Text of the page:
(2) The UNIX development platform. A brief and whimsical overview of the UNIX shell, its surrounding tools, and the power of shell scripting. (Useful to anyone wanting to learn more about UNIX tools.) Learn how to do in a few lines of shell script what you only thought was possible with a big, extravagant hundred- or thousand- line program, and learn why so many of the world’s best hackers hack on a *nix system.

(3) The basics you need in order to hack on open source project: how mailing lists, wikis, bugzillas, source code revision systems all come together to form an organic code management process, and how to get started using those tools and others to learn about a project and what parts need development work done. This will include a brief introduction to CVS.

(4) The last part of the talk will involve actually watching open source development in action. In particular, the speaker will checkout some code from a source repository, make a change to it, create a patchfile from that change, then track down the mailing list or bugzilla related to the project and submit the patch to the maintainer. You will actually get to see open source “in action,” and will want to do it right when you get home!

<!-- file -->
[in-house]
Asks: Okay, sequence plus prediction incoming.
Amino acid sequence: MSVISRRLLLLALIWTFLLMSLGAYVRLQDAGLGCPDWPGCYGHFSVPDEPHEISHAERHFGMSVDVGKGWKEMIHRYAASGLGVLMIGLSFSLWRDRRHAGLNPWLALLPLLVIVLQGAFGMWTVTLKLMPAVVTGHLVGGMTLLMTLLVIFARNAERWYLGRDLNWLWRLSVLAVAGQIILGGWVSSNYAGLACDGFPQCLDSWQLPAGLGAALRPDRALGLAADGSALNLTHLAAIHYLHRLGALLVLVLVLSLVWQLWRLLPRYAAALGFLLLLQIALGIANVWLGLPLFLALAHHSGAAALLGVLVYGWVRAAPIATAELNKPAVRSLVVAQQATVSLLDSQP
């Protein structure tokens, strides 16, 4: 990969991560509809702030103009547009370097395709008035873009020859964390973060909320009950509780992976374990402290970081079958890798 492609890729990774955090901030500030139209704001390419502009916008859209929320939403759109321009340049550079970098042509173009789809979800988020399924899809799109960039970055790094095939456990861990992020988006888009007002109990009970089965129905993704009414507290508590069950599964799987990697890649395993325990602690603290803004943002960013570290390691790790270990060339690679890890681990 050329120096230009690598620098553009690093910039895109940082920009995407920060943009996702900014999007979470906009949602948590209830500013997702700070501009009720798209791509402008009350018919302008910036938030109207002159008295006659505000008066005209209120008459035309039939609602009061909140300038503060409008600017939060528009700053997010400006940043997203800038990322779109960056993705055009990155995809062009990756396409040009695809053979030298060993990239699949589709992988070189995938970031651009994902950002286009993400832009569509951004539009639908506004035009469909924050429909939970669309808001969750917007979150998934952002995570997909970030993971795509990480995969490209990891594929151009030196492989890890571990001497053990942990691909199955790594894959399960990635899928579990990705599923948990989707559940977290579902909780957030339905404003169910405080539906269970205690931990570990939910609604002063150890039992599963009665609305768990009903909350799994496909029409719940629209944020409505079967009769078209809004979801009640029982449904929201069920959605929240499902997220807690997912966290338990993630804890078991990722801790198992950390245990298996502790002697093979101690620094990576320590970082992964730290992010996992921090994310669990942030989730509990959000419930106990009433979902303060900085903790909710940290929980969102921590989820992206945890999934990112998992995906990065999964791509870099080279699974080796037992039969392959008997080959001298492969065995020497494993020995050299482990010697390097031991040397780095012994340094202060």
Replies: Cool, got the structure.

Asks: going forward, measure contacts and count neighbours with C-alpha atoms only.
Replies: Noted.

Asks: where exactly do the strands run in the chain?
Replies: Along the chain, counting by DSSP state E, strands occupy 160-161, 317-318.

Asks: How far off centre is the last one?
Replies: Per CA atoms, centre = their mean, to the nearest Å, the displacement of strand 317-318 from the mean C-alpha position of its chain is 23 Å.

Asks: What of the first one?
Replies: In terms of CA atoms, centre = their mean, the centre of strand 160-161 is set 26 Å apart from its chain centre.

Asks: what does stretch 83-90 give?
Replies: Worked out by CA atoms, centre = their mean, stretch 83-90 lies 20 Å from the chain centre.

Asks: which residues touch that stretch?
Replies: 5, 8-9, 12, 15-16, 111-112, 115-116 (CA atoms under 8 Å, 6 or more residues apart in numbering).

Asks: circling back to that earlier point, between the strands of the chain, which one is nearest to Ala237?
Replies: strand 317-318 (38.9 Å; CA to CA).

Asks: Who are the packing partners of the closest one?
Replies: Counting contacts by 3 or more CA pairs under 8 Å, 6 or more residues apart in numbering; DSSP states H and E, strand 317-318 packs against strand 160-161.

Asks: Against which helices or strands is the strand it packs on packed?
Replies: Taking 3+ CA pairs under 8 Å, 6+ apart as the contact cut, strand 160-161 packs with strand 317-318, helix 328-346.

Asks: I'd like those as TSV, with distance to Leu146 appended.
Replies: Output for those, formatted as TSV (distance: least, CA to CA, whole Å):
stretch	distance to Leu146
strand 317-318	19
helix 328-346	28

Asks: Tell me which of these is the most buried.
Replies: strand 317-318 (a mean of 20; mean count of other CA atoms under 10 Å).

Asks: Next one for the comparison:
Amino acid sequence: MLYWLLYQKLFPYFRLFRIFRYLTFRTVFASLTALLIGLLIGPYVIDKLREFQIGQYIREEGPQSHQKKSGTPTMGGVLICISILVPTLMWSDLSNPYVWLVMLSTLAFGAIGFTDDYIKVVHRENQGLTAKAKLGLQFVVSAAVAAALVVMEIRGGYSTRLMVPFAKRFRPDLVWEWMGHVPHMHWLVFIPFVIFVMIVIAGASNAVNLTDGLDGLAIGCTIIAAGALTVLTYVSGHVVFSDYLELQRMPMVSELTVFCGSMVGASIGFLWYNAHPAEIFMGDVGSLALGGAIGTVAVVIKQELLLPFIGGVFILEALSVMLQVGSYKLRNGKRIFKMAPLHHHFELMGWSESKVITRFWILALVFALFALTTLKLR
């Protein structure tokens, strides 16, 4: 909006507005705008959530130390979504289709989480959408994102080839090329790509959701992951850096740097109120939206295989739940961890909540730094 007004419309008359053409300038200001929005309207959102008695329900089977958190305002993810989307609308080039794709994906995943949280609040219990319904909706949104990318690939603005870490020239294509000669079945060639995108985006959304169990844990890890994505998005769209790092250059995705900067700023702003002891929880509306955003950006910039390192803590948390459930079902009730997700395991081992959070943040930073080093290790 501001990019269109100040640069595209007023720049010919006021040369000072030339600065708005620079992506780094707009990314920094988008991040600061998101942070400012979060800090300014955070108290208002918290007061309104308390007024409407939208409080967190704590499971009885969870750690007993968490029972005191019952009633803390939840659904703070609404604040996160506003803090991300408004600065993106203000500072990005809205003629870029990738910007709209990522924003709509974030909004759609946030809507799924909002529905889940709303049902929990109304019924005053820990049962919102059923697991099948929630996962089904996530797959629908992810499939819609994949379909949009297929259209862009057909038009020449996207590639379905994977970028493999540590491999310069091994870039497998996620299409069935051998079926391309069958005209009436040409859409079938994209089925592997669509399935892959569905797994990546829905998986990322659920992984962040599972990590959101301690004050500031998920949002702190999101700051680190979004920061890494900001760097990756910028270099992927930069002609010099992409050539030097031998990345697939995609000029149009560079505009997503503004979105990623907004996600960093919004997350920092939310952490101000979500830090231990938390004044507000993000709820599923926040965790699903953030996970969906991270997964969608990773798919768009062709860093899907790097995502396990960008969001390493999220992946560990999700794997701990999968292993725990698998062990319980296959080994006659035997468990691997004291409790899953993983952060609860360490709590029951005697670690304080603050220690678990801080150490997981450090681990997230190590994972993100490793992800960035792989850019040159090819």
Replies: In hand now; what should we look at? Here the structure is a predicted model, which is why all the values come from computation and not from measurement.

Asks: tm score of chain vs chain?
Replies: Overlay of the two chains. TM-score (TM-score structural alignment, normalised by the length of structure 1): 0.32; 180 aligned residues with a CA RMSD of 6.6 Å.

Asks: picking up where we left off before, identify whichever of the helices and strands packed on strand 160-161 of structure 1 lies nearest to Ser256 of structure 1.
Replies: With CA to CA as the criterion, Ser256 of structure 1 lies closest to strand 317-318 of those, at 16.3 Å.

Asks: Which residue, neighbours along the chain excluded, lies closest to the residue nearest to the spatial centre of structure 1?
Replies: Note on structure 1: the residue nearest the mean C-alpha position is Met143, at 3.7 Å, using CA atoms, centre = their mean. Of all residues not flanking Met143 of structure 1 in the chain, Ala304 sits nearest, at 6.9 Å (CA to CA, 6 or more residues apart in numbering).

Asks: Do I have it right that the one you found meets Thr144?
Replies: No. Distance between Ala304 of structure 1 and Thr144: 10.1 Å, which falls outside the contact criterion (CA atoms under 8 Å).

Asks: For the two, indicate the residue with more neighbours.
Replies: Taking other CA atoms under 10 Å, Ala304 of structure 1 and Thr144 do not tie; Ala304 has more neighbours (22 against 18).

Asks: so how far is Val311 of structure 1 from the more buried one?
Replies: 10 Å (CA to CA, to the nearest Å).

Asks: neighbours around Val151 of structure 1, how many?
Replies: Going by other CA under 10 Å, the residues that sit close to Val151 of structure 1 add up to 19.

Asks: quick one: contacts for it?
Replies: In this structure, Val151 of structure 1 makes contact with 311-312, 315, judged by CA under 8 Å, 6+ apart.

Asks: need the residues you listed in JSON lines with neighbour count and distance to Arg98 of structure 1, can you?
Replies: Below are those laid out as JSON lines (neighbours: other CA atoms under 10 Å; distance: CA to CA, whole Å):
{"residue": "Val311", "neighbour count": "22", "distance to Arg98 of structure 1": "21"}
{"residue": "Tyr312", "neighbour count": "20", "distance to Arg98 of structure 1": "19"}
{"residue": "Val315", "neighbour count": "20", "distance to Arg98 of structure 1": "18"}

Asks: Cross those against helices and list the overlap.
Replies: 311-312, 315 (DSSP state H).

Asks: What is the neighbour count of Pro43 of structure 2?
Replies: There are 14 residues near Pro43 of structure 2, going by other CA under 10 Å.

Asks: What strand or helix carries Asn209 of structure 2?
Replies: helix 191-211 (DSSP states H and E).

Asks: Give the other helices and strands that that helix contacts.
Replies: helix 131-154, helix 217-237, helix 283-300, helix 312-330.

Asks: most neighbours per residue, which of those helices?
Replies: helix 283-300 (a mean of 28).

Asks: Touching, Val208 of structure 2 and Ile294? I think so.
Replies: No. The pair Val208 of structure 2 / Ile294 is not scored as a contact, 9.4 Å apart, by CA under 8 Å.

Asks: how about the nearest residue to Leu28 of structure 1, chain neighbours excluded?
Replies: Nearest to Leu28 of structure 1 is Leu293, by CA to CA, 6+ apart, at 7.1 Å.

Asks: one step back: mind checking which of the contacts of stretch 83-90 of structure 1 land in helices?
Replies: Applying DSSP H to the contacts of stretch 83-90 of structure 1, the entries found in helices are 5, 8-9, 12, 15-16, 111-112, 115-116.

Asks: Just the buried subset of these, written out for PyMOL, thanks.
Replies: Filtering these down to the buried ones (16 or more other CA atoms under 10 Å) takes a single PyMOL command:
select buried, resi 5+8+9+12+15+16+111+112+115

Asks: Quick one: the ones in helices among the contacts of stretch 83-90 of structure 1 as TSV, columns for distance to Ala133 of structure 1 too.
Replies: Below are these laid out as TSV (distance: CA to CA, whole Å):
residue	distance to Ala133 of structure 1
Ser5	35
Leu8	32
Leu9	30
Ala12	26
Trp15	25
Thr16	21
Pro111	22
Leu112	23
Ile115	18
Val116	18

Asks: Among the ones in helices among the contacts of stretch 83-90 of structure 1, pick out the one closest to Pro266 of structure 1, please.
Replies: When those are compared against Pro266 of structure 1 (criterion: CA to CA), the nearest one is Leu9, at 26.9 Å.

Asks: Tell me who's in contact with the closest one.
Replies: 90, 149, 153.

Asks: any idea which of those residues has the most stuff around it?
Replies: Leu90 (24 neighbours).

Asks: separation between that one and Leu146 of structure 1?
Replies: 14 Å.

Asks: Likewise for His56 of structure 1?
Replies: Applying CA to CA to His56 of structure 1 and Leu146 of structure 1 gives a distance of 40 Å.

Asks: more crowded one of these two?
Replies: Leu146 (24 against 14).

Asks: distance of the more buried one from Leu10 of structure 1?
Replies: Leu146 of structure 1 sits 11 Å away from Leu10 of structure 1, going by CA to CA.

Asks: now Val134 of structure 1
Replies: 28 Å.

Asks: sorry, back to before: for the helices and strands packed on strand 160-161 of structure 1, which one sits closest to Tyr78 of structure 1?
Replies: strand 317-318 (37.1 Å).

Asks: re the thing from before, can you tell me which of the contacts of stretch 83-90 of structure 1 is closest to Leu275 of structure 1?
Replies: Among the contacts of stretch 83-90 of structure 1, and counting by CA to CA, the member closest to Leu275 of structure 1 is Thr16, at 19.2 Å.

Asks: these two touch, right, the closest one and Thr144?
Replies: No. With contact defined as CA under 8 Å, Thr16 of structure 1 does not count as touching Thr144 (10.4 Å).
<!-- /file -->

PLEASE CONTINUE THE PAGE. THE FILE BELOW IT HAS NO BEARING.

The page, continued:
If you’re a Windows or Mac OS developer who has always wanted to learn more about *nix systems, or if you’re a developer who wants to either take his own project open source or work on existing open source projects, this talk is for you.

Of course, if you’re someone who is just interested in the concept of open source, this talk will give you an inside look at “how things get done” in this community.

This talk was at least partially inspired by Nat Friedman’s blog post, check it out here:

“How to be a Hacker”

The talk was a general success, I think. About 12 people attended. You can see the talk in PDF or ODP formats, and you can also download the patches I wrote specifically for the talk to illustrate “open source development in action.” The patches are pretty stupid, but do illustrate the point, at least. Plus, each of the three patches served one of my own goals (hacking my CPU frequency scaler, fixing a gnome-terminal bug, and hacking galeon “for fun”), so that’s that. I think it’d be cool to give this talk again (maybe a little refined to include less basic UNIX tools and more hacking stuff) at a later date. We’ll see.